Keep notes on how your last print turned out. Maintain records as to when you last cleaned the system and checked your essential elements (lenses, UV film, etc.) to make sure they were clear and free of obstruction. Ensure that the resin you're using is fresh and if you're using the CW1 that you've changed out the isopropyl if it's been a while. 


And don't be afraid to go online if you can't quite figure out what's going on with your printer. Prusa and Glowforge have robust online communities and there are forums for enthusiasts for every brand across the internet. When my i3 Mk3 stopped printing smoothly, it took a single Google search to get my answer. I downloaded a file from someone who had developed a test pattern for my printer and spent ten minutes or so adjusting the heat of the print bed so that the filament melted more uniformly. 


5. Get Creative

After you've printed the starter models that come with your printer and cut a few things on your Glowforge, you'll want to hit the internet for even more things to try.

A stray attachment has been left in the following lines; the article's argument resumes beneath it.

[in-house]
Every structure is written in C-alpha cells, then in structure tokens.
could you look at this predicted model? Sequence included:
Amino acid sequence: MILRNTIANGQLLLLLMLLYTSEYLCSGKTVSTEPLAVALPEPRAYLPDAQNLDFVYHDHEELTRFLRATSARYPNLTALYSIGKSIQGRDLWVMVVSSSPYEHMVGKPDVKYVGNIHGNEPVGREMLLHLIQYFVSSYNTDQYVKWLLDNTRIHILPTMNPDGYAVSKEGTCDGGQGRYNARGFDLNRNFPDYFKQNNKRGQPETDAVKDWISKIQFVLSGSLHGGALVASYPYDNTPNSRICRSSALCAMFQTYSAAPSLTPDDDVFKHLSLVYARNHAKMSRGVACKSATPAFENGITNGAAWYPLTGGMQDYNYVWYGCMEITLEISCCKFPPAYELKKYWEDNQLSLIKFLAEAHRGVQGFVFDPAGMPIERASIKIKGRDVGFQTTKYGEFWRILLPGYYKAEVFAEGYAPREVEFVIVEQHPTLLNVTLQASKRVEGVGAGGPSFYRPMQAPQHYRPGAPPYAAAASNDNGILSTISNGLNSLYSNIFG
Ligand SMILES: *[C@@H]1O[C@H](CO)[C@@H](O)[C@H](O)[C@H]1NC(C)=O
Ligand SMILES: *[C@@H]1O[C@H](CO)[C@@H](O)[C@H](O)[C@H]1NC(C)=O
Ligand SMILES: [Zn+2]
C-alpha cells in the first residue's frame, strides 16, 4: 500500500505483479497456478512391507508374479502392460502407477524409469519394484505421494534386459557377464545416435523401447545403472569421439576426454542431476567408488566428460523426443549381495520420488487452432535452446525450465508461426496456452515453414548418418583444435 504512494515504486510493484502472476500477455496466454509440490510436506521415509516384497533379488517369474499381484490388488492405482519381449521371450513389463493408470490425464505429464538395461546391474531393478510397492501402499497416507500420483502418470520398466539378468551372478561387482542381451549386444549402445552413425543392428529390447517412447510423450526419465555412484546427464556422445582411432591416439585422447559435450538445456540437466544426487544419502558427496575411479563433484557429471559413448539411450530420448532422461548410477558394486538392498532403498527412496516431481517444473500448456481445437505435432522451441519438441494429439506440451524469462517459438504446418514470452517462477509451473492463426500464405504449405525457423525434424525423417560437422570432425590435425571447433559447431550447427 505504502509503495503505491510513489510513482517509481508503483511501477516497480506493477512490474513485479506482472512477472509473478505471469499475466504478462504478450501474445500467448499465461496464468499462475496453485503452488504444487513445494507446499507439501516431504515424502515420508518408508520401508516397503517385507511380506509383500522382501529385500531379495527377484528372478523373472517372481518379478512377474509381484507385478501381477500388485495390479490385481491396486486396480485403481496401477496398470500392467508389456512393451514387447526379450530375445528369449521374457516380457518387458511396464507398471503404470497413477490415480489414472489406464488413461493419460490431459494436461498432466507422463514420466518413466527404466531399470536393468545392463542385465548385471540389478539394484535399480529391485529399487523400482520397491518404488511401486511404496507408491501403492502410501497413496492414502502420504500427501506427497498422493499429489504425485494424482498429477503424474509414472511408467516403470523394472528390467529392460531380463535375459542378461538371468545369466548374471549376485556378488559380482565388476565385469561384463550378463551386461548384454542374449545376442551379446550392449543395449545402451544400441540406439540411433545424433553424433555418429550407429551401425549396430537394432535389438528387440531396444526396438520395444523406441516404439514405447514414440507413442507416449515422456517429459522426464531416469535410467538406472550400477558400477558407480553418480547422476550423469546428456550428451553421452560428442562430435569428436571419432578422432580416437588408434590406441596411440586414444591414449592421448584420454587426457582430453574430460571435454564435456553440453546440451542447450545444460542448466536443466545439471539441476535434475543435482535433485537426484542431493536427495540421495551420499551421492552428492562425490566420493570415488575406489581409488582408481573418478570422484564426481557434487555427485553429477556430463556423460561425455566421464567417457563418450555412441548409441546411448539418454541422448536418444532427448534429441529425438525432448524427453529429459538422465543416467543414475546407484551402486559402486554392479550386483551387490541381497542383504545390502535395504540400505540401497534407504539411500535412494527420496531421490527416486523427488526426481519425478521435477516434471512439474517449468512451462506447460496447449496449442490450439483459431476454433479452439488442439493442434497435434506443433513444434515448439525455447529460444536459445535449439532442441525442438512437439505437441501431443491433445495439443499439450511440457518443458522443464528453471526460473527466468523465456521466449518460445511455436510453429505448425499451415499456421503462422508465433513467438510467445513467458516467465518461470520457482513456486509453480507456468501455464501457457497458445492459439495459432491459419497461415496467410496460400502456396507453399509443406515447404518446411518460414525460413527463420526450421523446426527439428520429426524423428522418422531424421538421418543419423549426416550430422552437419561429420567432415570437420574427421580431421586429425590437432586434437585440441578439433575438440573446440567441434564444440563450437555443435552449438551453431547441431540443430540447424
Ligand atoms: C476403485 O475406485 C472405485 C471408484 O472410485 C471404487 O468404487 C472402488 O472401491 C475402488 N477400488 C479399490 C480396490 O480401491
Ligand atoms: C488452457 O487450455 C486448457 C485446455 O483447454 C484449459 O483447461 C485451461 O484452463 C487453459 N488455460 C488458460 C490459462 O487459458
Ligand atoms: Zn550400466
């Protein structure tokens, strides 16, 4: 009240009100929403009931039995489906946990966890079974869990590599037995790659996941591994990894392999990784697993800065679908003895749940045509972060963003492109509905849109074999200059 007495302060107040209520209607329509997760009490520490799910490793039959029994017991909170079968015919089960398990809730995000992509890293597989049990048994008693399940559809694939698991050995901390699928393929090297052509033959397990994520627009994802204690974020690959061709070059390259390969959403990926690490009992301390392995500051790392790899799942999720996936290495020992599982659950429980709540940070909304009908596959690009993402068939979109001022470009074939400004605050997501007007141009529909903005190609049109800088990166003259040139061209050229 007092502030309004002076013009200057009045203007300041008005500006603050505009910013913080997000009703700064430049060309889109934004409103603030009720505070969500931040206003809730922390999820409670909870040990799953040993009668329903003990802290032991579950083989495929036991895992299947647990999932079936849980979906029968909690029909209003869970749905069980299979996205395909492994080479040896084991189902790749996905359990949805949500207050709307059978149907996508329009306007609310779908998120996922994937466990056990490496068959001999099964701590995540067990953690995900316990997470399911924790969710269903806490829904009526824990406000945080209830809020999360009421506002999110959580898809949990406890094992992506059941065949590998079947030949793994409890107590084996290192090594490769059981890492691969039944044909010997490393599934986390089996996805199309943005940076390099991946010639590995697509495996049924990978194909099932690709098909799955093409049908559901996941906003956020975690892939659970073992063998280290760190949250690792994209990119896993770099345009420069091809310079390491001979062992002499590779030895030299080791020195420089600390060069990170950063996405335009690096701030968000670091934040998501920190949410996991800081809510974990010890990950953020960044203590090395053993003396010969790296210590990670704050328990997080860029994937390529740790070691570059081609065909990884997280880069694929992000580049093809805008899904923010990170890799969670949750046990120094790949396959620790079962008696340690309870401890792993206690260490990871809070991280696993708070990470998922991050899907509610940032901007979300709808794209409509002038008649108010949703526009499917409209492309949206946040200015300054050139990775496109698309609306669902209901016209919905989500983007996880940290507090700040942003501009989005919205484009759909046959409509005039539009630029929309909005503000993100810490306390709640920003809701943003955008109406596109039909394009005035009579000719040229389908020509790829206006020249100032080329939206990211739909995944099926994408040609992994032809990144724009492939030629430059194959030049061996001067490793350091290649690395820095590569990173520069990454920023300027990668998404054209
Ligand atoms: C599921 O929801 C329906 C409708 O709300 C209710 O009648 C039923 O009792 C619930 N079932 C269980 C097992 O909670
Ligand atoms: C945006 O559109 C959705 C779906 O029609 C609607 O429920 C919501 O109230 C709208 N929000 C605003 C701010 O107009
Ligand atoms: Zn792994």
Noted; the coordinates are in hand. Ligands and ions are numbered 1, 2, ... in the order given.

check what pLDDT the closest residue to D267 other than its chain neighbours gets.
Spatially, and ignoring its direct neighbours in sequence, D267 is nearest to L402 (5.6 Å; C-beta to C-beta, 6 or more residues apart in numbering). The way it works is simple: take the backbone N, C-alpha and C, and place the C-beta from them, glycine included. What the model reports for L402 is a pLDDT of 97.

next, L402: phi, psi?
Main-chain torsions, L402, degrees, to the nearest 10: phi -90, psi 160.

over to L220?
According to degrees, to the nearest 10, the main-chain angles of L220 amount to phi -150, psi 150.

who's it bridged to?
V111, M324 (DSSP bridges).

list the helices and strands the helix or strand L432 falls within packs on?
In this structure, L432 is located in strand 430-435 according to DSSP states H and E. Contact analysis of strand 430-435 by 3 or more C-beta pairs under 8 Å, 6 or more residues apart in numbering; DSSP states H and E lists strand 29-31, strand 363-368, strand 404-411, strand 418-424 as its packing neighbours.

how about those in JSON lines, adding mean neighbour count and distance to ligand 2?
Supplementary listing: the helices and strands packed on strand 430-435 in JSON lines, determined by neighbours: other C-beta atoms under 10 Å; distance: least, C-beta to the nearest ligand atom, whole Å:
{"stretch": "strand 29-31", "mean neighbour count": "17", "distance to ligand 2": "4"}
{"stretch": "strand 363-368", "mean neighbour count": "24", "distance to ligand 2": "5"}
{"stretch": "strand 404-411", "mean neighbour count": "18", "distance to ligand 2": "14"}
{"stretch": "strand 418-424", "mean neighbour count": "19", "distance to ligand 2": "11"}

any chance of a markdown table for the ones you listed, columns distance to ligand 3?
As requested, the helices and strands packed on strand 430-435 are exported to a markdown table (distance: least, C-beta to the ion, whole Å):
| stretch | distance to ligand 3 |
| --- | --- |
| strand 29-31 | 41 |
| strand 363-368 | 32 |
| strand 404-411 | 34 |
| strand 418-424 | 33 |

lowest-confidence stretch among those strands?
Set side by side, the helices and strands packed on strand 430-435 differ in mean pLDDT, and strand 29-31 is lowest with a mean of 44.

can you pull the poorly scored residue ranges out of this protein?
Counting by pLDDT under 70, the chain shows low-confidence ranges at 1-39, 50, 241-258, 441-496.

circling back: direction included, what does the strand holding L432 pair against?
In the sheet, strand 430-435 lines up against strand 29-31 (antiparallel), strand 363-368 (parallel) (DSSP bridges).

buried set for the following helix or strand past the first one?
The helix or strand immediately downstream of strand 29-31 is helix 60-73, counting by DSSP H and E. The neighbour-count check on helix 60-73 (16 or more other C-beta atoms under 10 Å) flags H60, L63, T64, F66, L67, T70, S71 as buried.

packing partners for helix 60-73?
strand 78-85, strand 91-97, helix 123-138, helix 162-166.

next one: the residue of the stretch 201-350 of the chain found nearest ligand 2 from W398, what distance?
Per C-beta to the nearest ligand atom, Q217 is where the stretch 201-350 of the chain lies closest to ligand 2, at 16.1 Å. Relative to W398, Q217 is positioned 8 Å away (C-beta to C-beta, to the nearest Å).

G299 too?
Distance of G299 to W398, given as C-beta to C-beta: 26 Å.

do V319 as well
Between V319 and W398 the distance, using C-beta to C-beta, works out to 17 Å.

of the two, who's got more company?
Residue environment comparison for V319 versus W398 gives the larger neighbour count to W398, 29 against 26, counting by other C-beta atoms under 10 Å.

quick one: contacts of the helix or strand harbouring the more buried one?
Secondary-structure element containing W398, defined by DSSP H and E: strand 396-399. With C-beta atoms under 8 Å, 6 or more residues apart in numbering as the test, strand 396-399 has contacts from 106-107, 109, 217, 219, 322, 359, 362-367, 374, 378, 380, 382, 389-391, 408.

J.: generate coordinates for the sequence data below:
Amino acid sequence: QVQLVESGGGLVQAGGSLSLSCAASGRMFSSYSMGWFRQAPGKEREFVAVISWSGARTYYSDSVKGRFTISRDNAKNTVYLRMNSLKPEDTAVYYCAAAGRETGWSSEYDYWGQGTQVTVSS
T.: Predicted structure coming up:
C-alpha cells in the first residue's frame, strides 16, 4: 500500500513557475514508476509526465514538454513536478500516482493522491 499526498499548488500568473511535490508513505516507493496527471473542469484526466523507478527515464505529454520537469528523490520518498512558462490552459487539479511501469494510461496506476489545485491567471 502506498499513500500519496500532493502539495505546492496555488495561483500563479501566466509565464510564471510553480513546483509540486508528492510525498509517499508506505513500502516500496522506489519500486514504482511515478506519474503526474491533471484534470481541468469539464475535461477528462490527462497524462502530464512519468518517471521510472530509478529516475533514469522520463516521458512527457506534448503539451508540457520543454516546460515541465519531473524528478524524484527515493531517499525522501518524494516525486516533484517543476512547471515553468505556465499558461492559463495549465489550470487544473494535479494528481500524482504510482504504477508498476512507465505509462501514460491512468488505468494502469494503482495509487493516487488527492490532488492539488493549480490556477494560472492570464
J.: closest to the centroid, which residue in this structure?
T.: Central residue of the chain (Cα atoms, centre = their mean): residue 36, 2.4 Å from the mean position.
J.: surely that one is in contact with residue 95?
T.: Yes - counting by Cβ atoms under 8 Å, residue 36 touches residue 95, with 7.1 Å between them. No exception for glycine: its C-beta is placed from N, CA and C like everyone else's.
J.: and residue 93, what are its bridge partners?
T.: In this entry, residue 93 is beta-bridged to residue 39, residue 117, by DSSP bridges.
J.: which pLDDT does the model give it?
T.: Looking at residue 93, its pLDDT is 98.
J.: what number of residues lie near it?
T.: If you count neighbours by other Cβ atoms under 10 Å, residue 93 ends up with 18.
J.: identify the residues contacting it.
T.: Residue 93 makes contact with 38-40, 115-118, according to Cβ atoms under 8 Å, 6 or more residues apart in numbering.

For Glowforge, their community has enough free plans that you could spend the next month trying out and tweaking ideas before you even started to think about making something of your own. Actually, I recommend doing that a little bit. It's enlightening to see how others put together their project files and the kinds of results different settings and materials have on your end project. And there's no reason you can't make "basic" projects your own. I cut a box on my Glowforge to wrap a present for my wife and 3D engraved a picture on the lid to give her a hint of what was inside. 


For filament and resin printers, you have even more options. Thingiverse is my current favorite for finding 3D models to slice up for printing. Most plans are free (and many accept tips) and are ready for download. 


And while many of us aren't 3D modelers, there will come a time when you want to make an .SVG file of your own. Adobe Illustrator has a free trial that will let you try your hand at making your own models. You can either stick with Illustrator or feel free to ask what your favorite model makers are using. 


Now go have fun and make all the things!